These hosting arrangements are typical. While the enterprise contract is with the first party, there may be second, third, or even fourth parties as well. We ask that all of the parties participate in the review.

It is Cisco’s hope that the ASP Security Evaluation Criteria can become an evolving resource in the toolkit of corporate information security departments. As our body of practice and standards mature, so will our ability to assess third-party security capabilities. In the meantime, we can use the ASP Security Evaluation Criteria to help us assess how well we can partner with other entities who may have responsibility for our corporate data.

Application Service Provider Security Evaluation Criteria


  1. This document sets for the criteria by which Application Service Providers (ASP) security posture may be evaluated. Evaluators may be potential customers or business partners of the ASP, or the evaluation might be conducted by an independent auditor.
  2. The auditor will evaluate whether or not the ASP’s security related policies and procedures meet industry standard best practices in those areas where customer or partner data may be processed by the ASP. For the purposes of this document, it will be assumed that “customer” means both the ASP customers and ASP partners.
  3. The ASP must meet or exceed the criteria in this document for all relevant sections.


  1. The ASP must meet all requirements in this document for which the ASP has control and responsibility. If responsibility lies with another party, then that party must be reviewed for the requirements under that party’s control.
  2. All the security requirements in this document pertain to networks, equipment, and user access that has any network connectivity, data storage/caching, or processing relationship with any of:
    • Data owned by ASP customers.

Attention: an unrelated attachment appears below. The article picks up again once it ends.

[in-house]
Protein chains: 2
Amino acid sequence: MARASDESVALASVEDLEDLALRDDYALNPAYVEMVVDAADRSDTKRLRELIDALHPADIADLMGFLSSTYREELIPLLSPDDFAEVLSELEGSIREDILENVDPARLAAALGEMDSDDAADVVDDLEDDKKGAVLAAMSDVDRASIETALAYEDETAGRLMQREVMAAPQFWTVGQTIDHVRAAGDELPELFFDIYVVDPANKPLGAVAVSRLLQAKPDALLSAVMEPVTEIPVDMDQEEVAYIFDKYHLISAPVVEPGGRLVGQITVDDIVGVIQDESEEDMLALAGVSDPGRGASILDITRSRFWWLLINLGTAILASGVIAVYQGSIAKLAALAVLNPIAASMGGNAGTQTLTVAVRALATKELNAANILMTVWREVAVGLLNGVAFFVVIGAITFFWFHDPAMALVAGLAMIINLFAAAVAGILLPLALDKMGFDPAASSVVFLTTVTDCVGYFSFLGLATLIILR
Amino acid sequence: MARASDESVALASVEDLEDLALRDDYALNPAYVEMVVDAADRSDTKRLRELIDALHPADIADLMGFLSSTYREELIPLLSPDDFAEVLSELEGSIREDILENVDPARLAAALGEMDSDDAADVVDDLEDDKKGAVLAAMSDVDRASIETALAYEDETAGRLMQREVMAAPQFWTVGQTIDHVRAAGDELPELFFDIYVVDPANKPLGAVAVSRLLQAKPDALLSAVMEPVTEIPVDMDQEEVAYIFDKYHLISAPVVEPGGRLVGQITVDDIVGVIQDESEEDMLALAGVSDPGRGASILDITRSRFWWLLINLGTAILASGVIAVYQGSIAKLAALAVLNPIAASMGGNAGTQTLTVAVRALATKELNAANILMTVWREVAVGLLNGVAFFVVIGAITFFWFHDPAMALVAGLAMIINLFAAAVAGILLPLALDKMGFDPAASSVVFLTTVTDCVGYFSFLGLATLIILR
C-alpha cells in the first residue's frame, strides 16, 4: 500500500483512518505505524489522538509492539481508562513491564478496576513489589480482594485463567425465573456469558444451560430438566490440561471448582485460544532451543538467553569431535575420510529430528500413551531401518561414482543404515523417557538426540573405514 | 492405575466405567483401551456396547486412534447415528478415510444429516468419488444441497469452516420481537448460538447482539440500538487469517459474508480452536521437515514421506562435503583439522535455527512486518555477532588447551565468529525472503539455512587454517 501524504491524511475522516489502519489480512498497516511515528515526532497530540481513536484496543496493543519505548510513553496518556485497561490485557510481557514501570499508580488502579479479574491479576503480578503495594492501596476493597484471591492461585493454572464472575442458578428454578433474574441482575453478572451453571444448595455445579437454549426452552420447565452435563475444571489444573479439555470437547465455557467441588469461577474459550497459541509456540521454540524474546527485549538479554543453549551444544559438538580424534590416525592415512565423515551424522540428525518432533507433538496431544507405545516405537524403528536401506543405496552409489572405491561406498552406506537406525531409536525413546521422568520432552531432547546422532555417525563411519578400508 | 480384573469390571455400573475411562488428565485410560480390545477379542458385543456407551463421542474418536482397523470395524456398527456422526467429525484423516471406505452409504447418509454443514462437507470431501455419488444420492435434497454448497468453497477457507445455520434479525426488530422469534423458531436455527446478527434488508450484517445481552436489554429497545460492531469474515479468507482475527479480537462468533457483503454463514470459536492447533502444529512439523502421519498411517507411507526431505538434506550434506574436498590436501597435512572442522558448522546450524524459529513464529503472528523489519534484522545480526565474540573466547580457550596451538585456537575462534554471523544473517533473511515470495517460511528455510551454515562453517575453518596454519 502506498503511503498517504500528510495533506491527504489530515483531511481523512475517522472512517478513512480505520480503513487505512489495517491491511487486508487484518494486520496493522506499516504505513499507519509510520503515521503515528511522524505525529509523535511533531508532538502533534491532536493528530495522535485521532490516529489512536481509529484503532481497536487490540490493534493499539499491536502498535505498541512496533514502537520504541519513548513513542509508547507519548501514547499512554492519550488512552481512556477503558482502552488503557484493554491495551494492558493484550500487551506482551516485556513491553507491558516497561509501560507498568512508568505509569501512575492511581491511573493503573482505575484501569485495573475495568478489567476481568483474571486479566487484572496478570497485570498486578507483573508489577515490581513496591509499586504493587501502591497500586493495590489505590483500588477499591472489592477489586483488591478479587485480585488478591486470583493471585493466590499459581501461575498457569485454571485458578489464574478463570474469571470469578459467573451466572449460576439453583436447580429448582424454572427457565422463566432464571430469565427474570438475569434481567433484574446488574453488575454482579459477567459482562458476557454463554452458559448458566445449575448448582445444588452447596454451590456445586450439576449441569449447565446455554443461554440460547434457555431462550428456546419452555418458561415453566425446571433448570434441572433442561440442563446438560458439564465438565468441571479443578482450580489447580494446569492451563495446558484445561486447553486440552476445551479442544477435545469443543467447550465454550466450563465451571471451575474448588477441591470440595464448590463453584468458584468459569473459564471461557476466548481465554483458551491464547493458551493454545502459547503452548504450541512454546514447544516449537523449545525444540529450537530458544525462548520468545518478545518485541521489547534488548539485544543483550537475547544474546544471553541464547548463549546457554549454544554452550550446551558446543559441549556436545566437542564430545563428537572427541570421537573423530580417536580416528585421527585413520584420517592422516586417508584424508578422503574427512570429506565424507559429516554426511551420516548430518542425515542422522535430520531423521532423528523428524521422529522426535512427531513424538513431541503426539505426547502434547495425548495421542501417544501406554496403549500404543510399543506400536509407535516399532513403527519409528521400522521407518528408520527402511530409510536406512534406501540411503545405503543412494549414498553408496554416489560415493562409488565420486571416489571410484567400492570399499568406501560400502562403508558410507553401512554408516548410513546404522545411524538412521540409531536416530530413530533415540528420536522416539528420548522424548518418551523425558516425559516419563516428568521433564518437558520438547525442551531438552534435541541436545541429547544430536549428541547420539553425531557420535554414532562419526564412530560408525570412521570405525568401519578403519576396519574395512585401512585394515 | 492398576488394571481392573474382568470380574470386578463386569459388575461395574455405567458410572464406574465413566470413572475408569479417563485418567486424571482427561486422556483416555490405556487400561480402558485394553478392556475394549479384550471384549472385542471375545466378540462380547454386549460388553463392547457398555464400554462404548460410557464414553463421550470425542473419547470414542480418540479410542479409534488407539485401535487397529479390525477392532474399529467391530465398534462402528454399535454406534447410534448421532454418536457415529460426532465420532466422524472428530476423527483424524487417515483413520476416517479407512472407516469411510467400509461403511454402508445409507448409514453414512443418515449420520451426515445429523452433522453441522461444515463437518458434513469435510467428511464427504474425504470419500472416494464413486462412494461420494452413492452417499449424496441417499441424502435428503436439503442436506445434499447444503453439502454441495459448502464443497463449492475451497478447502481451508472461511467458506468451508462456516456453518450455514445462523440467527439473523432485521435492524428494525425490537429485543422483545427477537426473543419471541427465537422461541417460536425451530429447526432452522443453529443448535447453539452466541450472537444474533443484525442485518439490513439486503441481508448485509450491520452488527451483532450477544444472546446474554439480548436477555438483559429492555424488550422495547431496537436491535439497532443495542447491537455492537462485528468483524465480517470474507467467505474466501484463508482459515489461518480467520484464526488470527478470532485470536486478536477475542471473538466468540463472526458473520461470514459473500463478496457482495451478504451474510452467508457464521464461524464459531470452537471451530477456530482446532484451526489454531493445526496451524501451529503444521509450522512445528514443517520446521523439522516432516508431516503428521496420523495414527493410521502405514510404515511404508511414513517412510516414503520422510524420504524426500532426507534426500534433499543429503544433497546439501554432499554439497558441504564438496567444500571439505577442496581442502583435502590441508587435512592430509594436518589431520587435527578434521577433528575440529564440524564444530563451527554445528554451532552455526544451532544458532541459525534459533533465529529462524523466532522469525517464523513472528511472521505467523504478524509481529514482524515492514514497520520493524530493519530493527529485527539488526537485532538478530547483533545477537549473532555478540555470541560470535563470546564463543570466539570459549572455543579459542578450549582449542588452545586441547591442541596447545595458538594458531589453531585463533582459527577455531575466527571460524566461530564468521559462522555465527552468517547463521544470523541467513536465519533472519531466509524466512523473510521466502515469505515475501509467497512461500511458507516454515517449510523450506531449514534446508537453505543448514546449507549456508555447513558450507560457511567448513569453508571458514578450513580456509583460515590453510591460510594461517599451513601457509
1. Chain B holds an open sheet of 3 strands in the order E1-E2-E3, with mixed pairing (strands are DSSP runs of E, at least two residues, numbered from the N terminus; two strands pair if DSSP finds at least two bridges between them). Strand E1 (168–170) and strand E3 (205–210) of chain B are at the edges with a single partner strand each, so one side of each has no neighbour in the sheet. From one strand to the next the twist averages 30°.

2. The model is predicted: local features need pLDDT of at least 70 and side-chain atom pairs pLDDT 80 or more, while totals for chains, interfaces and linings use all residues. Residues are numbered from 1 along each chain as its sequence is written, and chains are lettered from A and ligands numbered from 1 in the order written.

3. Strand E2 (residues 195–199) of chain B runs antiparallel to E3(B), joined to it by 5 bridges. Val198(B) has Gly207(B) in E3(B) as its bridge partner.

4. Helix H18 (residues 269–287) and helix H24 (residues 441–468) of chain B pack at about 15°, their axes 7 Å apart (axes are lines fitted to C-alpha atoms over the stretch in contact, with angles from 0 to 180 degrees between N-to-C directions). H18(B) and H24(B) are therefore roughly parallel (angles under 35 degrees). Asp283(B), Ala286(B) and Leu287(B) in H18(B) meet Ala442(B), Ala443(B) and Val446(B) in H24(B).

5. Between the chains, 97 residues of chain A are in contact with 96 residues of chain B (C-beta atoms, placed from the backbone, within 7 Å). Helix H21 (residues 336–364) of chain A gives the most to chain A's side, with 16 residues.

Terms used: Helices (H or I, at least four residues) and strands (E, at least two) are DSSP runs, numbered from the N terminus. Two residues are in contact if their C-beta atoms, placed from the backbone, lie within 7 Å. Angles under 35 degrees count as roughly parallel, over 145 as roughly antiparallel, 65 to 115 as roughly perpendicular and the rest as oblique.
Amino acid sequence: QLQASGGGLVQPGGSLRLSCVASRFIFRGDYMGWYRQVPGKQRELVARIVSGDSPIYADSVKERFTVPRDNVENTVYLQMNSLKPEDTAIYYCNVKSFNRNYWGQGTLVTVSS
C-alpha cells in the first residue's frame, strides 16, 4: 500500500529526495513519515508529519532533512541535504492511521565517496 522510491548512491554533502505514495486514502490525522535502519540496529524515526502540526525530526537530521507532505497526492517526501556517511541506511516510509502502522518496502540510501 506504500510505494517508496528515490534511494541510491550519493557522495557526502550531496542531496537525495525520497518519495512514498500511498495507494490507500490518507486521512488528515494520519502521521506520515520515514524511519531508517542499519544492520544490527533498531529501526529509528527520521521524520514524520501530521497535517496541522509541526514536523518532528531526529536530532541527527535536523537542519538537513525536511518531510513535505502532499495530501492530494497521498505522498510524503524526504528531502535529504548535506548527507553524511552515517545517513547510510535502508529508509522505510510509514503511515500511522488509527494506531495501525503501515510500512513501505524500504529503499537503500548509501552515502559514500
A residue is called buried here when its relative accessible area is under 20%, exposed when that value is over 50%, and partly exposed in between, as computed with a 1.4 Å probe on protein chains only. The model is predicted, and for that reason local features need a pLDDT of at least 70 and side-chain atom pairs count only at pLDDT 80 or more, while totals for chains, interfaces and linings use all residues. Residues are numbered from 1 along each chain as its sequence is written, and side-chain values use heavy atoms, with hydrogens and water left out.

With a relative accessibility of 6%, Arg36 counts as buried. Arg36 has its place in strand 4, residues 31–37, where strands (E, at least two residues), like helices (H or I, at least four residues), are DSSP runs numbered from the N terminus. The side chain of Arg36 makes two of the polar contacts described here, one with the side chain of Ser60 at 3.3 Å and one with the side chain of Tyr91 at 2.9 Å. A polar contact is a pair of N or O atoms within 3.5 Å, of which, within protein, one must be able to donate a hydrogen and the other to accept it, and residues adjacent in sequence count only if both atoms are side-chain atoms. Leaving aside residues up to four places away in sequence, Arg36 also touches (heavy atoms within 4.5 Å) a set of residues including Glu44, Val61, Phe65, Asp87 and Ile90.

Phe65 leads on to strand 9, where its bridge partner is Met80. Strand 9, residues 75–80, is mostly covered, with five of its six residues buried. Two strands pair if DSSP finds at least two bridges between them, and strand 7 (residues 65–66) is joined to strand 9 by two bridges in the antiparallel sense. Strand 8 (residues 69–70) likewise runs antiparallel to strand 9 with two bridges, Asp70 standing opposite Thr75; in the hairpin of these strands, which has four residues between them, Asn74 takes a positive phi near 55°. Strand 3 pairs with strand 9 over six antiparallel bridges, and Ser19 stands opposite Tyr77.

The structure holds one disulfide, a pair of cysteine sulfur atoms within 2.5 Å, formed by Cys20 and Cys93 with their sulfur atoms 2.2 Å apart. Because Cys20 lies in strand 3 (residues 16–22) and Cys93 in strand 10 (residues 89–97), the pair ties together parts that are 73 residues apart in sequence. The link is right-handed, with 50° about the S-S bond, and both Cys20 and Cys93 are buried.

• Data or results produced for ASP customers.
    • Any application that will be accessed by employees, business partners, or customers of ASP customers.

Best Practice Security Requirements

Network Protection

  • If ASP has an Internet connection, the network design of layers exposed to the Internet must meet or exceed the following specifications:
    • SMTP server - must:
      • Act only as a relay between the Internet and the Internal mail
      • Inspect content
    • Firewall - must
      • Be placed between the Internet and all other networks of the ASP.
      • Provide network-level protection of resources and stateful filtering of traffic.
      • Be placed between exposed networks and any other ASP networks. For example, the ASP must have layered security architecture.
  • If the ASP allows VPN access into customer related networks, its network design must implement the following:
    • VPN Concentrator must authenticate individual remote users using Extended Authentication (XAUTH) and terminate their IPSec tunnels
    • VPN Router - must authenticate trusted remote sites and provide connectivity using GRE/IPSec tunnels
    • Dial-In Server - must authenticate individual remote users using TACACS+/Radius and terminate their analog connections
      • Passwords used for remote access must meet the following criteria
        • Passwords should be 2 factor. Smartcards or one-time-passwords fulfill this criteria.
        • If single factor, password authentication is used, then passwords must be
          • A minimum of 10 characters.
          • Contain no dictionary words.
          • Be of mixed case.
          • Include both alphanumeric and non-alphanumeric characters.
          • Be changed at least every 180 days.